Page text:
Bae, T., J., Qian, S., Chao Miao, C., and James O. Fiet, J. O. (2014). The relationship between entrepreneurship education and entrepreneurial intentions: A meta-analytic review. Baylor University

Becker, G.S. (1975). Human capital (2nd ed.). Chicago: University of Chicago Press.

Chen, C.C., Greene, P.G., and Crick, A. (1998). Does entrepreneurial self-efficacy distinguish entrepreneurs from managers? Journal of Business Venturing, 13(4), 295-316.

Brown, J.S., Collins, A., and Duguid, P. (1989). Situated cognition and the culture of learning. Educational Researcher, 18(1), 32-42.

Davidsson, P. and Honig, B. (2003). The role of social and human capital among nascent entrepreneurs. Journal of Business Venturing, 18(3), 301-331.

Fayolle, A., Gailly, B., and Lassas-Clerc, N. (2006b). Assessing the impact of entrepreneurship education programmes: A new methodology. Journal of European Industrial Training, 30(9), 701-720.

Garavan, T.N. and O'Cinneide, B. (1994). Entrepreneurship education and training programmes: A review and evaluation-Part 1. Journal of European Industrial Training, 18(8), 3-12.

Honig, B. (2004). Entrepreneurship education: Toward a model of contingency- based business planning. Academy of Management Learning and Education, 3(3), 258-273.

Hussain, I., and Sultan, S. (2010). Learning by Doing: Learning by Doing: Outcomes of Teaching a Research Course through Group Activities; in Proceedings of the Annual International Conference on Computer Science Education: Innovation and Technology (CSEIT) 2010. Published and Organized by the Global Science and Technology Forum (GSTF) Singapore -December 6-7, 2010.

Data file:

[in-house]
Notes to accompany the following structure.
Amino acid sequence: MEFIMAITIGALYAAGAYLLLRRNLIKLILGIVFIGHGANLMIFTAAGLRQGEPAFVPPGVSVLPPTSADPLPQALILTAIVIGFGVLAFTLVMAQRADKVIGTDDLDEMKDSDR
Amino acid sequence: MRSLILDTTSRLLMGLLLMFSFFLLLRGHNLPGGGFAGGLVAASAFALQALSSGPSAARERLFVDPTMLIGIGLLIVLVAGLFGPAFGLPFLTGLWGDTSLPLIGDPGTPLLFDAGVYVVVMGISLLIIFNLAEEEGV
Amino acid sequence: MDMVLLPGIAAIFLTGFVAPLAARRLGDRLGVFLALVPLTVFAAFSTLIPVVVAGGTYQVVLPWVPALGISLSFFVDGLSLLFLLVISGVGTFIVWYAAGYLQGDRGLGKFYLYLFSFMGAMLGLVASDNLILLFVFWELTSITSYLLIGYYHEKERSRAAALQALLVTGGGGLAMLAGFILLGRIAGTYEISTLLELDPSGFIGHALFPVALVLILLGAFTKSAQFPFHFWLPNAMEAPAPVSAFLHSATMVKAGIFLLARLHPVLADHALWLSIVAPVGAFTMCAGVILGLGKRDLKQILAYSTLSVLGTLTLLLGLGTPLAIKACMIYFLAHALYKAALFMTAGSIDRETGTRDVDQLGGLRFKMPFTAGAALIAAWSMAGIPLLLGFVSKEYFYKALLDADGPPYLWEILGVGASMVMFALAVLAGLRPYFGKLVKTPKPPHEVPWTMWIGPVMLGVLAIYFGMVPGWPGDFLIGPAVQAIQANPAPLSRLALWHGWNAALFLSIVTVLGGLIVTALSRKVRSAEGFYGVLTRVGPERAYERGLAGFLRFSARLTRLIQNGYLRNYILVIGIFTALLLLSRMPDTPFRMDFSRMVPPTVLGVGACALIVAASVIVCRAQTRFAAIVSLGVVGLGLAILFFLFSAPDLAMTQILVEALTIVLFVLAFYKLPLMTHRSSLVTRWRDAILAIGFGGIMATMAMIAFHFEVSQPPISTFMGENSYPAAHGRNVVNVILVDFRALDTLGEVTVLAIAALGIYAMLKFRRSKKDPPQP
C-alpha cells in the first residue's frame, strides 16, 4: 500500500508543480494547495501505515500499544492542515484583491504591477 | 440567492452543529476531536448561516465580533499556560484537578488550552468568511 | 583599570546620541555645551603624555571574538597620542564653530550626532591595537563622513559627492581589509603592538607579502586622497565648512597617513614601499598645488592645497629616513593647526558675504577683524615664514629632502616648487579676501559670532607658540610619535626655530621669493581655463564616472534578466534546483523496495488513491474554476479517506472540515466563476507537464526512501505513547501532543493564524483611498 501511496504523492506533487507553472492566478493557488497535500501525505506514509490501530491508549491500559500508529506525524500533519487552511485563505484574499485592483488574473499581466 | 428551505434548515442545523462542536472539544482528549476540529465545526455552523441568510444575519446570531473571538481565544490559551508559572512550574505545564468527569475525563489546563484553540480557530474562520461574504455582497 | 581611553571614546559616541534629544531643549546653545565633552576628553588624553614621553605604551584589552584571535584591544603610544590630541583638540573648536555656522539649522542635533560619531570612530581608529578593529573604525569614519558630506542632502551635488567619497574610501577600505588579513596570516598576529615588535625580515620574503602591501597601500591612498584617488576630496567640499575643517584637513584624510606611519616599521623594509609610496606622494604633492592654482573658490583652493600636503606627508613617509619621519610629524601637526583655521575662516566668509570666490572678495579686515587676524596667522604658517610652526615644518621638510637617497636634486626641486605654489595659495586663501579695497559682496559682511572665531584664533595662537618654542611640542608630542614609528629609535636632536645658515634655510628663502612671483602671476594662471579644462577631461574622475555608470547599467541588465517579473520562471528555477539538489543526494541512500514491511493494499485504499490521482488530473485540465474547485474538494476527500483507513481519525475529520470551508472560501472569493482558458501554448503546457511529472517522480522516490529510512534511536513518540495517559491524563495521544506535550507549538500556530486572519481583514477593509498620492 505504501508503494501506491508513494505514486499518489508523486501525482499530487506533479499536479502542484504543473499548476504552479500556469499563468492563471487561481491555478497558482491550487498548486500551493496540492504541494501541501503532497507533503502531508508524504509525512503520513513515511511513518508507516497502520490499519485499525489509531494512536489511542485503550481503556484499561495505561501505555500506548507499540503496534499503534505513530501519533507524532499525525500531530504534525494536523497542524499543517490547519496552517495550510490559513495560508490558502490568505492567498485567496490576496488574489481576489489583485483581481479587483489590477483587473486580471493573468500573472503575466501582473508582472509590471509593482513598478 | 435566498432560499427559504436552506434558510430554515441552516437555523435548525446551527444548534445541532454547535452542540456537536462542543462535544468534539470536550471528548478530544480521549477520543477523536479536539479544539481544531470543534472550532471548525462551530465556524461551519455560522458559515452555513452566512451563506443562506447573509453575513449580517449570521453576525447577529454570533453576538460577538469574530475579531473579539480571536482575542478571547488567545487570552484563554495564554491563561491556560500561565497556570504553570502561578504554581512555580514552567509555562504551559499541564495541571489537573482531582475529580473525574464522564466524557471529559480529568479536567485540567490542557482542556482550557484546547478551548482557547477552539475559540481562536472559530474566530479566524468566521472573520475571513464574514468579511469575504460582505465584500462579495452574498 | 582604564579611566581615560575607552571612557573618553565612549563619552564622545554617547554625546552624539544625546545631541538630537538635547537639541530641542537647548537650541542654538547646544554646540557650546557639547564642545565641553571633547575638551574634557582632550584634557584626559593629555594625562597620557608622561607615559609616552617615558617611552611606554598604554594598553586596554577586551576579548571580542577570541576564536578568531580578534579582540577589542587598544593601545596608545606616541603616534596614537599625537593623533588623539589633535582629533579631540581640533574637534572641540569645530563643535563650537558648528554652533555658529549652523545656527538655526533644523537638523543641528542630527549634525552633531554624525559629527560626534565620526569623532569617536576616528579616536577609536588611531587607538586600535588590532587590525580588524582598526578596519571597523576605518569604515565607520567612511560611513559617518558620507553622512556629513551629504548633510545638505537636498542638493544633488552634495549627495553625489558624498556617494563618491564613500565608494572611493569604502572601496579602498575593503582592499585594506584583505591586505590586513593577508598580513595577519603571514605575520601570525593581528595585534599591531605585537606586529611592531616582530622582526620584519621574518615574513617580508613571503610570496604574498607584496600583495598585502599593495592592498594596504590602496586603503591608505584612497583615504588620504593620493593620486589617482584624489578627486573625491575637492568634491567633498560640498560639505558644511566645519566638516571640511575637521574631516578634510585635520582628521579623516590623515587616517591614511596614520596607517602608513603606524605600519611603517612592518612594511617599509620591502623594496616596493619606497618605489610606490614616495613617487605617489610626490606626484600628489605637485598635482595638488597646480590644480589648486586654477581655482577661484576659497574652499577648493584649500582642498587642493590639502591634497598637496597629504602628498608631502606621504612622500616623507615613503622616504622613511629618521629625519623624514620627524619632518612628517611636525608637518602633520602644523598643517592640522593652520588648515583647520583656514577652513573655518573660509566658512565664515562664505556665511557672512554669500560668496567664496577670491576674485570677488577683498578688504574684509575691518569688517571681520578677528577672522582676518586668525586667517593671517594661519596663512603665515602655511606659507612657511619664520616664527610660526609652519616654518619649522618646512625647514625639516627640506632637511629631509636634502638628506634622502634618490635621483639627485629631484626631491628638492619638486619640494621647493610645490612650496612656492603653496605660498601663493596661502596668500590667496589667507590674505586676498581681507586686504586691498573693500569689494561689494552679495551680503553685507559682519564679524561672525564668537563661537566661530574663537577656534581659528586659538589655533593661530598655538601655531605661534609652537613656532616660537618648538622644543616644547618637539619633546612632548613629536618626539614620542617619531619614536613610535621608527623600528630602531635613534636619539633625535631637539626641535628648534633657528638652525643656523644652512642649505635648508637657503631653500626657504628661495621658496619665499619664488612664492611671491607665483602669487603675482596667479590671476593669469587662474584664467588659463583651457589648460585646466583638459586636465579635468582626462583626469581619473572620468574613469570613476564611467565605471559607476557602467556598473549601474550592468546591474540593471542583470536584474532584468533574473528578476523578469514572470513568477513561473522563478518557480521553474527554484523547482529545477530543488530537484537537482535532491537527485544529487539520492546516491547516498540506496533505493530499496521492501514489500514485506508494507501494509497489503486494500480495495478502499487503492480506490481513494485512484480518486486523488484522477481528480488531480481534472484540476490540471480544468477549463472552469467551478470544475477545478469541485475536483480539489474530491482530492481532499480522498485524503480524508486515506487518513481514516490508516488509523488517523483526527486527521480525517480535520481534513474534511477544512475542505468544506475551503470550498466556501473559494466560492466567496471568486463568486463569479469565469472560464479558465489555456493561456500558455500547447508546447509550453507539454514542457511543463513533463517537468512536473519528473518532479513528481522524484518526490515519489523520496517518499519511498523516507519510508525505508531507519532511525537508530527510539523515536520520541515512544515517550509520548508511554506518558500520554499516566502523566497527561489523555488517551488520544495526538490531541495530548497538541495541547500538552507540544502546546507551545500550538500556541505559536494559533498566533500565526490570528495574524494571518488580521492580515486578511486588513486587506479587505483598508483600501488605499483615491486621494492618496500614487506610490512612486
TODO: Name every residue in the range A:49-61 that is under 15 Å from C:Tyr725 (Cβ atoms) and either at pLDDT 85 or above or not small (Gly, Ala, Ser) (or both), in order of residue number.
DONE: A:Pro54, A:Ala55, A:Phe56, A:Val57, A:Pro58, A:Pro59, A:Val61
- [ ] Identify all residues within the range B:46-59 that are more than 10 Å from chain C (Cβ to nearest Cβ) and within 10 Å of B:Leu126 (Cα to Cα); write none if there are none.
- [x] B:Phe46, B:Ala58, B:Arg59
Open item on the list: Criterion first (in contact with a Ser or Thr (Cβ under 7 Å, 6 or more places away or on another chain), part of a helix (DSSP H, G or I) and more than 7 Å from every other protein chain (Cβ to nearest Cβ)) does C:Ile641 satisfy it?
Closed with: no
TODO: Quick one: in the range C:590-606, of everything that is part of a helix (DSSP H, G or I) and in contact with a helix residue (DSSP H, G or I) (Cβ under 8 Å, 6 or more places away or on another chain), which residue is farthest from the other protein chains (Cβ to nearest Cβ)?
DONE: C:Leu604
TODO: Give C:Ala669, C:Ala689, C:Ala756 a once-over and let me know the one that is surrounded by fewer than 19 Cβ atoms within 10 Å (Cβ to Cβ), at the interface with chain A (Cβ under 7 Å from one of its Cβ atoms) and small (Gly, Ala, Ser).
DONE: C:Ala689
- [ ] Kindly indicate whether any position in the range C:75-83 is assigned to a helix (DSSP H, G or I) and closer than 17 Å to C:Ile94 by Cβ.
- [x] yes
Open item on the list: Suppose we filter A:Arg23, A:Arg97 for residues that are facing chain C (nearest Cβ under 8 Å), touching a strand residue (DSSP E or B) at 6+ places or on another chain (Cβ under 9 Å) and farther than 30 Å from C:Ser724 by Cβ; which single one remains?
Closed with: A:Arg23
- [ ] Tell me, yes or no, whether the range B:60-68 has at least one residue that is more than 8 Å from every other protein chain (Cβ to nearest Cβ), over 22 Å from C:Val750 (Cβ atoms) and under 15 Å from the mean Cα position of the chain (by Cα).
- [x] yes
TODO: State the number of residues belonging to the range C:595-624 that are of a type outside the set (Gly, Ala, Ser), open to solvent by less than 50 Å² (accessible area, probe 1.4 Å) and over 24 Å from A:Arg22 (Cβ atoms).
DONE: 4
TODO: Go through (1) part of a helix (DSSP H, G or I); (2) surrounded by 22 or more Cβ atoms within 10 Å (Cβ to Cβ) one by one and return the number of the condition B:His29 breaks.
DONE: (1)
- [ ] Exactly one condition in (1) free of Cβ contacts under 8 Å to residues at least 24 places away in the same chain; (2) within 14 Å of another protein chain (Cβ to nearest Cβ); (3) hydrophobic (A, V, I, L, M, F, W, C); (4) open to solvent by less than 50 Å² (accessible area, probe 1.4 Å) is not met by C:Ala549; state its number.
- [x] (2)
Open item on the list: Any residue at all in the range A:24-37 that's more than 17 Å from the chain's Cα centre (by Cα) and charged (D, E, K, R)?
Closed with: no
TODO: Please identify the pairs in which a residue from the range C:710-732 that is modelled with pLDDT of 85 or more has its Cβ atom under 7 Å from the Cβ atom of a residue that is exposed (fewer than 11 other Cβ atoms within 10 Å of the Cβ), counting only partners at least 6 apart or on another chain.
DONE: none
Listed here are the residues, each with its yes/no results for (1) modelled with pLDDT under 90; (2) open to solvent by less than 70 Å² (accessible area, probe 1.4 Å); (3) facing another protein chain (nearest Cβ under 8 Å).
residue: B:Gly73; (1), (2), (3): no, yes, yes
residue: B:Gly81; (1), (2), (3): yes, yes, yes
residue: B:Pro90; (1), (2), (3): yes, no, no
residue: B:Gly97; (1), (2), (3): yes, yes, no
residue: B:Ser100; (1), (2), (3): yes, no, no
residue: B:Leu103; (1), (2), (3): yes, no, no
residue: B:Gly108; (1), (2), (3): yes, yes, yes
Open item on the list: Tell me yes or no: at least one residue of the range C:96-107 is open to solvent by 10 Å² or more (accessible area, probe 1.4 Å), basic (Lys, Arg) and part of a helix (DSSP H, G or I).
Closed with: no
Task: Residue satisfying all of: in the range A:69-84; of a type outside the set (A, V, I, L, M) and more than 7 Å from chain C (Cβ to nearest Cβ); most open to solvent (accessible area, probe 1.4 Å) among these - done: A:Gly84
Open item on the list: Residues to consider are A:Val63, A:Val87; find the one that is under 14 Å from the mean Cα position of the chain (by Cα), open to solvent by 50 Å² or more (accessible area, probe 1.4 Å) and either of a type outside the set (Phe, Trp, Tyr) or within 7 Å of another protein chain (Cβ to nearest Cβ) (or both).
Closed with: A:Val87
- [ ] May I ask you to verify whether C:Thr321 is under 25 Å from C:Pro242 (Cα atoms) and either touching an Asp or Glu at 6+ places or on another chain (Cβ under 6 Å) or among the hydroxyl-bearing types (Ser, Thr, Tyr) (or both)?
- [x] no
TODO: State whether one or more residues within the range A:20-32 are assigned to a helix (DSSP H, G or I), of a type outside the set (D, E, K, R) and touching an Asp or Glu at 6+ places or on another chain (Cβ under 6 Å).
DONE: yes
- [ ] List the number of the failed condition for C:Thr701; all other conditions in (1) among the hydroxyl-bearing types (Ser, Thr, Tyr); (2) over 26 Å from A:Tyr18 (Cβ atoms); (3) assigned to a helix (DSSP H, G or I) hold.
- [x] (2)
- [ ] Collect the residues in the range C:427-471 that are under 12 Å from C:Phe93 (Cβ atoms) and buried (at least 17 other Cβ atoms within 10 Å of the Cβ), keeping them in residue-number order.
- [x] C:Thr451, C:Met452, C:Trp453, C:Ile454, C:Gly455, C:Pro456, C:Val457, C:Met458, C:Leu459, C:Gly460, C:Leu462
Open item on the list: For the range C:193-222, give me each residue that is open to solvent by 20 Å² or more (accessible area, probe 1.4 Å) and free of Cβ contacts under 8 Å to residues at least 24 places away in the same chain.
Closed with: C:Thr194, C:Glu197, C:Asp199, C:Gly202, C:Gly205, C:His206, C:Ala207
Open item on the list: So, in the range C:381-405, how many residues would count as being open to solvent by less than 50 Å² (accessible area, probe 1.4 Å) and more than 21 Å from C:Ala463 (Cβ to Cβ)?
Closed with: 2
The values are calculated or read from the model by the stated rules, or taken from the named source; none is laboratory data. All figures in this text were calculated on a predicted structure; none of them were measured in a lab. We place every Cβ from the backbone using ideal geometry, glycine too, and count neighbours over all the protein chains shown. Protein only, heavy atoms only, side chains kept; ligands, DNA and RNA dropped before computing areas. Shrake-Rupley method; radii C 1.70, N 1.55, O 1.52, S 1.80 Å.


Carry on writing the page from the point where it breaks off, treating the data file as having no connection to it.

Johansen, V., and Schanke, T. (2012). Entrepreneurship education in secondary education and training. Scandinavian Journal of Educational Research, 6(1), 18-26.

Jamieson, I. (1984). Schools and enterprise. Education for Enterprise, 1(1), 7-18.

Kuratko, D.F. (2005). The emergence of entrepreneurship education: Development, trends, and challenges. Entrepreneurship Theory and Practice, 29(5), 577-598.

Lee, S.M., Chang, D., and Lim, S.-B. (2005). Impact of entrepreneurship education: A comparative study of the U.S. and Korea. International Entrepreneurship and Management Journal, 1, 27-43.

Linan, F. (2004). Intention-based models of entrepreneurship education. Piccola Impresa/Small Business, 3, 11-35.

Linan, F. (2008). Skill and value perceptions: How do they affect entrepreneurial intentions? International Entrepreneurship and Management Journal, 4(3), 257-272.

Martin, B.C., McNally, J.J., and Kay, M.J. (2013). Examining the formation of human capital in entrepreneurship: A meta-analysis of entrepreneurship education outcomes. Journal of Business Venturing, 28, 211-224.

Minniti, M. and Bygrave, W. (2001). A dynamic model of entrepreneurial learning. Entrepreneurship Theory and Practice, 25(3), 5-16.

Slavtchev, V., Laspita, S., and Patzelt, H. (2012). Effects of entrepreneurship education at universities. Jena Economic Research Papers, 25, 1-33.

Unger, J.M., Rauch, A., Frese, M., and Rosenbusch, N. (2011). Human capital and entrepreneurial success: A meta-analytical review. Journal of Business Venturing, 26(3), 341-358.

Wilson, F., Kickul, J., and Marlino, D. (2007). Gender, entrepreneurial self-efficacy, and entrepreneurial career intentions: Implications for entrepreneurship education. Entrepreneurship Theory and Practice, 31(3), 387-406.

Youndt, M.A., Subramaniam, M., and Snell, S.A. (2004). Intellectual capital profiles: An examination of investment and returns. Journal of Management Studies, 41(2), 335-361.
COPYRIGHT 2016 Asianet-Pakistan
No portion of this article can be reproduced without the express written permission from the copyright holder.
Copyright 2016 Gale, Cengage Learning. All rights reserved.

Article Details
Printer friendly Cite/link Email Feedback
Publication:New Horizons
Date:Dec 31, 2016

Terms of use | Privacy policy | Copyright © 2019 Farlex, Inc. | Feedback | For webmasters